the pond flow rate is dependent on the total ammonia produced within the system, With higher stocking densities there has to be a corresponding increase in flow rate. In an average koi pond, a flow rate of 1/2 to 1/3 of pond volume per hour should suffice.

Filter size

Taking retention times and flow rates into consideration, when it comes to choosing the right filter size, there are two important but conflicting factors:

  • the right filter retention time, which ensures all the required biological activity occurs,
  • brisk water flow to prevent a high pond ammonia level.

If we decide that a flow-rate of say 10,000 litres per hour (2,200 gal/hour) and a filter retention time of 10 minutes are required then the volume of water in contact with the filter media at any time will need to be;

10,000/60 (minutes) x 10 (minutes retention time) = 1666 litres or 1.6m3.

This means that the filter should be able to hold 1.6 m3 of water after it is filled with media. This is in addition to settlement and spaces below the media trays. The required size of filter will then depend on the media used. Using a high-void medium, such as matting or plastic, we would need a little over 1.6 m3 of media to compensate for the small amount of water displacement, whereas, with a solid medium, we might need at least 3m3 to ensure the same volume of water in contact with the media after displacement.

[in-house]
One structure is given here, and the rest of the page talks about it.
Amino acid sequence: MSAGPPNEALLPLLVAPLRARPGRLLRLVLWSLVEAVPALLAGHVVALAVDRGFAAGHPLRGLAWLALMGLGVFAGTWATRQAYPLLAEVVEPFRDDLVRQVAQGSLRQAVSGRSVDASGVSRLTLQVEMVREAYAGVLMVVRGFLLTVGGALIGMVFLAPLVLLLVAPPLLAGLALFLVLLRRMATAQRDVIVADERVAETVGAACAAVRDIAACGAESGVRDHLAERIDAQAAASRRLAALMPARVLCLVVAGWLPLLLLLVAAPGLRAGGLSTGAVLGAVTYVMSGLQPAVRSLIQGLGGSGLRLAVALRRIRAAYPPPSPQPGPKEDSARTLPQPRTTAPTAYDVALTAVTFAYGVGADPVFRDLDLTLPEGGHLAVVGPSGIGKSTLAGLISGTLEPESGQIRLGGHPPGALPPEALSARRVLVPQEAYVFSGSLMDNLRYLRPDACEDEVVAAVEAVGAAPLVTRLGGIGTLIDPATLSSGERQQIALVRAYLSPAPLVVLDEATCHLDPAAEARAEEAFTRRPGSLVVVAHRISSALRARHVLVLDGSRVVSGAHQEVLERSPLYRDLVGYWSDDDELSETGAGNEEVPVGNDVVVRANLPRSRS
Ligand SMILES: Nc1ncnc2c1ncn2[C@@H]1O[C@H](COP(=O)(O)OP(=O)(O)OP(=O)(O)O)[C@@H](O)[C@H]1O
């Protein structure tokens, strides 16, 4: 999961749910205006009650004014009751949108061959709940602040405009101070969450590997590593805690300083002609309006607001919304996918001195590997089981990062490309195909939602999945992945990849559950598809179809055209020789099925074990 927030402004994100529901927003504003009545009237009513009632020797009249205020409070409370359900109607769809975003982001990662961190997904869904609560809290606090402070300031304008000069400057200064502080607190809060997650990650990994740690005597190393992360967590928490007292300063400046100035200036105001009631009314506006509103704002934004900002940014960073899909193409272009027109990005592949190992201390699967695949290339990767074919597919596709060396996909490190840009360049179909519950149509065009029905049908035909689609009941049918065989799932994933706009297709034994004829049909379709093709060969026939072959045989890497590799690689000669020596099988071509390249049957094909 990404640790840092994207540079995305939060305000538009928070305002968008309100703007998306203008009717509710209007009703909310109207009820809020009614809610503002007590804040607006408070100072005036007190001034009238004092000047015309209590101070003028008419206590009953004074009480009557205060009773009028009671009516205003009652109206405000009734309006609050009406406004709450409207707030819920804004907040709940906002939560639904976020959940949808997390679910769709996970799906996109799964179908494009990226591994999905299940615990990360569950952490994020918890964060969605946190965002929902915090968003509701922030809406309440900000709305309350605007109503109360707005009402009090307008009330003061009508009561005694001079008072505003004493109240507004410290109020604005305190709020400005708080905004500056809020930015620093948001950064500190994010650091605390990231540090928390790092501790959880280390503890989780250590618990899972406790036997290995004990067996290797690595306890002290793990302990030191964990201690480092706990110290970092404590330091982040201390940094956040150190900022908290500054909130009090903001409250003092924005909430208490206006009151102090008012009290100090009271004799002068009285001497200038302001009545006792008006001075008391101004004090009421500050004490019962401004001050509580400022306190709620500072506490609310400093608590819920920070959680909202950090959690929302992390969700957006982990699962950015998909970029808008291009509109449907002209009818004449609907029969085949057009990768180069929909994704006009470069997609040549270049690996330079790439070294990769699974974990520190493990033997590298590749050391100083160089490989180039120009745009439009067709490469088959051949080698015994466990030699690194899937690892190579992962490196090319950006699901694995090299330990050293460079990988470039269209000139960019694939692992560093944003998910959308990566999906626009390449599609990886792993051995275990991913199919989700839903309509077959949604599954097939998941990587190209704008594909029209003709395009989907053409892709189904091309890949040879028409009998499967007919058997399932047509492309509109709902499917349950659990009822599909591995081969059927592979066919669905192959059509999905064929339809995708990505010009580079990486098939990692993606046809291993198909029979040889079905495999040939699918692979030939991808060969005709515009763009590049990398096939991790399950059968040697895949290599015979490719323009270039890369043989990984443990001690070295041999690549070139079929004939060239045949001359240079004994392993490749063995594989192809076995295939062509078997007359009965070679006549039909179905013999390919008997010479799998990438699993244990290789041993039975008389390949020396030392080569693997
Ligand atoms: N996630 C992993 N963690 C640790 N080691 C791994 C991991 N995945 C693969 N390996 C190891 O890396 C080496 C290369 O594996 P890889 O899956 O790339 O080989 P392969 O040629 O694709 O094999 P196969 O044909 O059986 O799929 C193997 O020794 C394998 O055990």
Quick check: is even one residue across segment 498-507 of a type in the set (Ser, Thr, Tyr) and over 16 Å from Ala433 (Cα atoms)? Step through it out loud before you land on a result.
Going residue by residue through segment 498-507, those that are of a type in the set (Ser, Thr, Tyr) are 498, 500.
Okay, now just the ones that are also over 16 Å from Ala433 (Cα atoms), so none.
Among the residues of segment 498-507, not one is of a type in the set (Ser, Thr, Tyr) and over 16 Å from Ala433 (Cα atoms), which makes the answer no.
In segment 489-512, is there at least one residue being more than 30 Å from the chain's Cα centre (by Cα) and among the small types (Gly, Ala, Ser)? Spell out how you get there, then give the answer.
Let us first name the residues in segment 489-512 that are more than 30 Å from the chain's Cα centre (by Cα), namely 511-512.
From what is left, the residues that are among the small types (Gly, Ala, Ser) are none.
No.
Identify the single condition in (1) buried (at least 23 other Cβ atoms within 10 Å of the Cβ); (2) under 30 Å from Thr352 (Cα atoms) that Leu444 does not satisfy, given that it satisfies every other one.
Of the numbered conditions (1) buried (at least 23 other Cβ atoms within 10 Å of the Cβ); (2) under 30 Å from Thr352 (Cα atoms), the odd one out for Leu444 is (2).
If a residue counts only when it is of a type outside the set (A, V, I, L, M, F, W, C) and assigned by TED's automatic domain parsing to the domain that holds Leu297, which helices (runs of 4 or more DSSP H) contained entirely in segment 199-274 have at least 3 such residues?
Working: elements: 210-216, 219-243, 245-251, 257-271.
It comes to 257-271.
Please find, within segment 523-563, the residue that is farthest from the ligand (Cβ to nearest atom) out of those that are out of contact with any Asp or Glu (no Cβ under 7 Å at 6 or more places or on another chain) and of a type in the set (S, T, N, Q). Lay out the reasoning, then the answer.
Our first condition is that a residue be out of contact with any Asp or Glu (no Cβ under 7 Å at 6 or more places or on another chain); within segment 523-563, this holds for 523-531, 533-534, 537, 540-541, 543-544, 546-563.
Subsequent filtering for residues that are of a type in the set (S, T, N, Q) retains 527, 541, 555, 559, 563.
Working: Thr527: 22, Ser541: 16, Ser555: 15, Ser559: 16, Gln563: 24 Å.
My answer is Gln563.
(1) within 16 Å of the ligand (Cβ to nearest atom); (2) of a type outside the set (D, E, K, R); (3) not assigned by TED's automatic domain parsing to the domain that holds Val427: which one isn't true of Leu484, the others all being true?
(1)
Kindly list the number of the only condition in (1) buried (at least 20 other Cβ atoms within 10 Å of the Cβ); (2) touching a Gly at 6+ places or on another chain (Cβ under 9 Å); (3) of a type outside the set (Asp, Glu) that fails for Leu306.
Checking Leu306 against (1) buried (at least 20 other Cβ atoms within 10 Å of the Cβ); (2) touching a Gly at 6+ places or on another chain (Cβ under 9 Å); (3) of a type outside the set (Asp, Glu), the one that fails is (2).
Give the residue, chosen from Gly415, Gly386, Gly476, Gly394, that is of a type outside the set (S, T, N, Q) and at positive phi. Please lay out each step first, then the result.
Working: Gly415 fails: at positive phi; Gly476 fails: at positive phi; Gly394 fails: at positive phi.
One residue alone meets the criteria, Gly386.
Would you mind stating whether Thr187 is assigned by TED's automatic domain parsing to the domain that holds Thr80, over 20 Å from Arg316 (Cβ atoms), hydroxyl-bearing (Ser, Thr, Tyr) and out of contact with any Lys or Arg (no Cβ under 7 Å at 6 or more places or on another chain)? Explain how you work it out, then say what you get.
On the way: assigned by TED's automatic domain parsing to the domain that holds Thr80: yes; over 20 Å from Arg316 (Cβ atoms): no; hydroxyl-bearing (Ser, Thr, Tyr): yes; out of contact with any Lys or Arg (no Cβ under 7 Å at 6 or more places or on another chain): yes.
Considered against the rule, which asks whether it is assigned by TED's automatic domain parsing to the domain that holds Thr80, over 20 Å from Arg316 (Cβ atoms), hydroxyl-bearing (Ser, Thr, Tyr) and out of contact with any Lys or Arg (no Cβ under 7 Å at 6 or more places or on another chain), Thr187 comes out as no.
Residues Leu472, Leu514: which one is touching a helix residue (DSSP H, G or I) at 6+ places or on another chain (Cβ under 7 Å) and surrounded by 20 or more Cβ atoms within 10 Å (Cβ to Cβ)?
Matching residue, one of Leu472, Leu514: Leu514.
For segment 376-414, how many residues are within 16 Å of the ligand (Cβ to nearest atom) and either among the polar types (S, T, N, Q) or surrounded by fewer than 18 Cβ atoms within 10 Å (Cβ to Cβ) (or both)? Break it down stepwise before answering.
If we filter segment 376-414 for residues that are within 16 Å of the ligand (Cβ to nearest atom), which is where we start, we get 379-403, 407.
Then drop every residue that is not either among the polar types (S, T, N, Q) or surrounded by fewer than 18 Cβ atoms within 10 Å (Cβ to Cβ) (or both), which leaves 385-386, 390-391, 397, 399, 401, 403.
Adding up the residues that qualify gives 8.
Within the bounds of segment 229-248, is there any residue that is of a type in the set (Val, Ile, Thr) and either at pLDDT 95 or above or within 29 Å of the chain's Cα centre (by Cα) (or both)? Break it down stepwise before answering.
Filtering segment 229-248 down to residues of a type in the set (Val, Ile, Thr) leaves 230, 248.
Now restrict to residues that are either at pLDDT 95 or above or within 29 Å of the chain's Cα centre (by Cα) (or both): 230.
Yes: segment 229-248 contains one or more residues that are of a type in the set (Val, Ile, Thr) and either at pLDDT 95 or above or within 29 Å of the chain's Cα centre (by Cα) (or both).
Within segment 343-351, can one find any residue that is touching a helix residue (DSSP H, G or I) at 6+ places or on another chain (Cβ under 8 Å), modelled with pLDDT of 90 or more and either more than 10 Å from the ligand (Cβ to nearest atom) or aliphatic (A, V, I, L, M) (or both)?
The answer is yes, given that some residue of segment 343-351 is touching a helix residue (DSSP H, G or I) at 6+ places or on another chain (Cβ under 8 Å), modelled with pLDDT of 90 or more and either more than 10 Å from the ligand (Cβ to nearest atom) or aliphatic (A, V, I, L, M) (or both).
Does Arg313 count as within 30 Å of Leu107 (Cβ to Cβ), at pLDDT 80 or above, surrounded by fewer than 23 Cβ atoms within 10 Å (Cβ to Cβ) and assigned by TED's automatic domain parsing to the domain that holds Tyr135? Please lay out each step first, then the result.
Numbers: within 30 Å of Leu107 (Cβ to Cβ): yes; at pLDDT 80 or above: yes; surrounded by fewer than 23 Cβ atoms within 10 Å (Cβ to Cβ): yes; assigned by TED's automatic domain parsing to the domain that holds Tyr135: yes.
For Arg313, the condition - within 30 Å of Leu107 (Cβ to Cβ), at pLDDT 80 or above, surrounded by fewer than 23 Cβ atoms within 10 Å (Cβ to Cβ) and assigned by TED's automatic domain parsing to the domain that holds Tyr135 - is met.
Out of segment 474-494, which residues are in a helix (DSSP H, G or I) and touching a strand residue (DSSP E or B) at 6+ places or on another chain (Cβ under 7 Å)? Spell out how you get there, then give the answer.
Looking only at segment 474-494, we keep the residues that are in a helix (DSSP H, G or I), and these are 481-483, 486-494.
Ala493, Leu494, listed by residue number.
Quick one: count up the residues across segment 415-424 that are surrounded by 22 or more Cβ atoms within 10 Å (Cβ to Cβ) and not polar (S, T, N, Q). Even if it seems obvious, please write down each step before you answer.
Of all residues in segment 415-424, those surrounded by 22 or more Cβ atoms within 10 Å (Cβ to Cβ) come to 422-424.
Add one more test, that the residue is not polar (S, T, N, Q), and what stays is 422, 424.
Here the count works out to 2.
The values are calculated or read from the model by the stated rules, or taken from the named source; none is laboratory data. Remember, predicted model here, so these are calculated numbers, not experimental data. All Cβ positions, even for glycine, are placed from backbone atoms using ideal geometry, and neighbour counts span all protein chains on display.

Although this may seem complex, these are the factors which need to be considered to avoid some of the most common filtration problems which often beset koi-keepers - namely, fluctuating water quality, high levels of opportunistic micro-organisms and excessive algal growth.

The size of a filtration system becomes more critical as stocking level, and thereby feeding rates, increase. Even when no new fish are added, the continued growth of the existing pond occupants will gradually increase the demand on filter performance.

the pond flow rate is dependent on the total ammonia produced within the system, With higher stocking densities there has to be a corresponding increase in flow rate. In an average koi pond, a flow rate of 1/2 to 1/3 of pond volume per hour should suffice.

Other considerations

After all this discussion on retention times, flow-rates and filter media, it is worth considering some other salient aspects of filter design. Most purpose-made, retail filter units are practical and well designed but I have to say that some are pretty poor, for the following reasons.